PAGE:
Kinesin superfamily proteins (KIFs) are key players or 'hub' proteins in the intracellular transport system, which is essential for cellular function and morphology. The KIF superfamily is also the first large protein family in mammals whose constituents have been completely identified and confirmed both in silico and in vivo. Numerous studies have revealed the structures and functions of individual family members; however, the relationships between members or a perspective of the whole superfamily structure until recently remained elusive. Here, we present a comprehensive summary based on a large, systematic phylogenetic analysis of the kinesin superfamily. All available sequences in public databases, including genomic information from all model organisms, were analyzed to yield the most complete phylogenetic kinesin tree thus far, comprising 14 families. This comprehensive classification builds on the recently proposed standardized nomenclature for kinesins and allows systematic analysis of the structural and functional relationships within the kinesin superfamily.
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              Probing Spindle Assembly Mechanisms with Monastrol, a Small Molecule Inhibitor of the Mitotic Kinesin, Eg5

              Monastrol, a cell-permeable small molecule inhibitor of the mitotic kinesin, Eg5, arrests cells in mitosis with monoastral spindles. Here, we use monastrol to probe mitotic mechanisms. We find that monastrol does not inhibit progression through S and G2 phases of the cell cycle or centrosome duplication. The mitotic arrest due to monastrol is also rapidly reversible. Chromosomes in monastrol-treated cells frequently have both sister kinetochores attached to microtubules extending to the center of the monoaster (syntelic orientation). Mitotic arrest–deficient protein 2 (Mad2) localizes to a subset of kinetochores, suggesting the activation of the spindle assembly checkpoint in these cells. Mad2 localizes to some kinetochores that have attached microtubules in monastrol-treated cells, indicating that kinetochore microtubule attachment alone may not satisfy the spindle assembly checkpoint. Monastrol also inhibits bipolar spindle formation in Xenopus egg extracts. However, it does not prevent the targeting of Eg5 to the monoastral spindles that form. Imaging bipolar spindles disassembling in the presence of monastrol allowed direct observations of outward directed forces in the spindle, orthogonal to the pole-to-pole axis. Monastrol is thus a useful tool to study mitotic processes, detection and correction of chromosome malorientation, and contributions of Eg5 to spindle assembly and maintenance.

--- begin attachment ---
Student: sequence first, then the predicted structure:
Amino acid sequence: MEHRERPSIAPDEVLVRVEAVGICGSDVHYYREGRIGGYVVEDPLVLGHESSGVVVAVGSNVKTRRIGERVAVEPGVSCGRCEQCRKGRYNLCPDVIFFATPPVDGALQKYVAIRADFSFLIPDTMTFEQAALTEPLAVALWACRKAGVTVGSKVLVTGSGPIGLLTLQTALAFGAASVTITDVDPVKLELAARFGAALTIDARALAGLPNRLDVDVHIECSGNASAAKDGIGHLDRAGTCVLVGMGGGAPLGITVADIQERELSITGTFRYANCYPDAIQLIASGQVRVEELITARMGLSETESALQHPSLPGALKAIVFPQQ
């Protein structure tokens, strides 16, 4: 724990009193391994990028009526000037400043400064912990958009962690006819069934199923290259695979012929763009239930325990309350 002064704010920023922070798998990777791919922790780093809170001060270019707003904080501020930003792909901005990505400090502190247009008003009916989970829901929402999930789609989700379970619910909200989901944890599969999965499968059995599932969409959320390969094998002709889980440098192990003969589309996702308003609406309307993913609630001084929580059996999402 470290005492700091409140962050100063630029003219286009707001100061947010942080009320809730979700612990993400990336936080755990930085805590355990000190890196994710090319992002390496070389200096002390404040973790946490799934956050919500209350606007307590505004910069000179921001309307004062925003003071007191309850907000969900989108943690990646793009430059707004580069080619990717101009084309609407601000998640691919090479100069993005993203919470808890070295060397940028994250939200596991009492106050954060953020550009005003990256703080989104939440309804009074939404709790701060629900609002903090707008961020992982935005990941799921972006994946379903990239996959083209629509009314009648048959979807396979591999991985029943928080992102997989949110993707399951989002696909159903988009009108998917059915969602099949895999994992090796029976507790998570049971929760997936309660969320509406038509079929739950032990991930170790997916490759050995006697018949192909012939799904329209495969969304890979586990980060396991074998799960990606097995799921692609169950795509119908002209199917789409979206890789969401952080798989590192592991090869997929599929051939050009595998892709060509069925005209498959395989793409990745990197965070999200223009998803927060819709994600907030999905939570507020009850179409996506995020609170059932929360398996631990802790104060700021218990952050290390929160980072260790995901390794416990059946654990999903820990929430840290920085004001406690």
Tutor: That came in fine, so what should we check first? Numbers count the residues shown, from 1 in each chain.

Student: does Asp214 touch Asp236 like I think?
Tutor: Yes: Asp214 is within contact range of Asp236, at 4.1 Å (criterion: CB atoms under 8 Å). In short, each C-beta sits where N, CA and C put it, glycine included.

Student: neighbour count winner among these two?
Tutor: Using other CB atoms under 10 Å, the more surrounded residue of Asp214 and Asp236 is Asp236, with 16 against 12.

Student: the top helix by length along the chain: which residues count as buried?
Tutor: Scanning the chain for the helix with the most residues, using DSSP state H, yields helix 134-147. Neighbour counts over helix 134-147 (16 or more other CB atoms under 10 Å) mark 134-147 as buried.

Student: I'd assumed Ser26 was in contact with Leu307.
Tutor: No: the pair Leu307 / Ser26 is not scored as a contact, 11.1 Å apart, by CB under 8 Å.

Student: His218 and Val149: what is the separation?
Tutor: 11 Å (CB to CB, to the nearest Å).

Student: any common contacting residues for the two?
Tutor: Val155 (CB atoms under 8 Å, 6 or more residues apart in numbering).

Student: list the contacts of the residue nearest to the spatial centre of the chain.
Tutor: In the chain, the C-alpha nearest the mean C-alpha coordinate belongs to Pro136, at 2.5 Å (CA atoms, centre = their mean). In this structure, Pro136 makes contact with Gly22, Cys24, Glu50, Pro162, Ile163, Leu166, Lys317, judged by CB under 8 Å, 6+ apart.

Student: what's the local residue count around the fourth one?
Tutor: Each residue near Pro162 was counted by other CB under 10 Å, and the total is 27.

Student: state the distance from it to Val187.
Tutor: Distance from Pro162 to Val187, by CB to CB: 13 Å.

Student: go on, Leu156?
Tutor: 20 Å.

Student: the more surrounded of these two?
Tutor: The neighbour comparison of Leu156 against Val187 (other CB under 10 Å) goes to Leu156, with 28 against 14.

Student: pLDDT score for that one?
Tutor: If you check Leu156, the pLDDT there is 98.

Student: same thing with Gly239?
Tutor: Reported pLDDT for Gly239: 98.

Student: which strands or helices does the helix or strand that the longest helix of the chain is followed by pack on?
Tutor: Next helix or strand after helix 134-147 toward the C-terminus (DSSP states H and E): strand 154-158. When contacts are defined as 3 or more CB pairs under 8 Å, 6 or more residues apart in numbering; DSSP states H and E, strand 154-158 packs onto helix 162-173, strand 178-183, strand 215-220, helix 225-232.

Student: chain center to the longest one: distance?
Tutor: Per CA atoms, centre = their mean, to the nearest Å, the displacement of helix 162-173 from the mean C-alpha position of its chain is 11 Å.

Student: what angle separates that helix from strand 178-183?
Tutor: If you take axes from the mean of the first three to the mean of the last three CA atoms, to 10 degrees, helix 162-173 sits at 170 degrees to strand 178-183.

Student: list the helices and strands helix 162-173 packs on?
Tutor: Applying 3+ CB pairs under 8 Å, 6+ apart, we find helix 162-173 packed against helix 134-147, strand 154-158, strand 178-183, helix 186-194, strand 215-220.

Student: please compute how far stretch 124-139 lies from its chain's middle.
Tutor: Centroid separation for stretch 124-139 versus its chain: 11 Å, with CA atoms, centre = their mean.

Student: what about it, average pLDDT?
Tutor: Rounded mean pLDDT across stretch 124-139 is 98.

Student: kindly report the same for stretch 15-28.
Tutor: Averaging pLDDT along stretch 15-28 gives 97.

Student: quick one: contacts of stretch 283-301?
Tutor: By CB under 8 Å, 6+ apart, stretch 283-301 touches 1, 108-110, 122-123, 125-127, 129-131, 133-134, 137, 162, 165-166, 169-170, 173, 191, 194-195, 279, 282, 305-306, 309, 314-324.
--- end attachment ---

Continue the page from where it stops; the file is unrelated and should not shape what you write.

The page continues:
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                Author and article information

                Journal
                BMC Res Notes
                BMC Research Notes
                BioMed Central
                1756-0500
                2009
                15 June 2009
                : 2
                : 106
                Affiliations
                [1 ]Biology Department, University of Utah, Salt Lake City, Utah, USA
                Article
                1756-0500-2-106
                10.1186/1756-0500-2-106
                2706839
                19527496
                f9d0a4c5-ec39-49be-b15a-a3bca43e1dc4
                Copyright © 2009 Peters et al; licensee BioMed Central Ltd.

                This is an Open Access article distributed under the terms of the Creative Commons Attribution License ( http://creativecommons.org/licenses/by/2.0), which permits unrestricted use, distribution, and reproduction in any medium, provided the original work is properly cited.

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                Short Report

                Medicine
                Medicine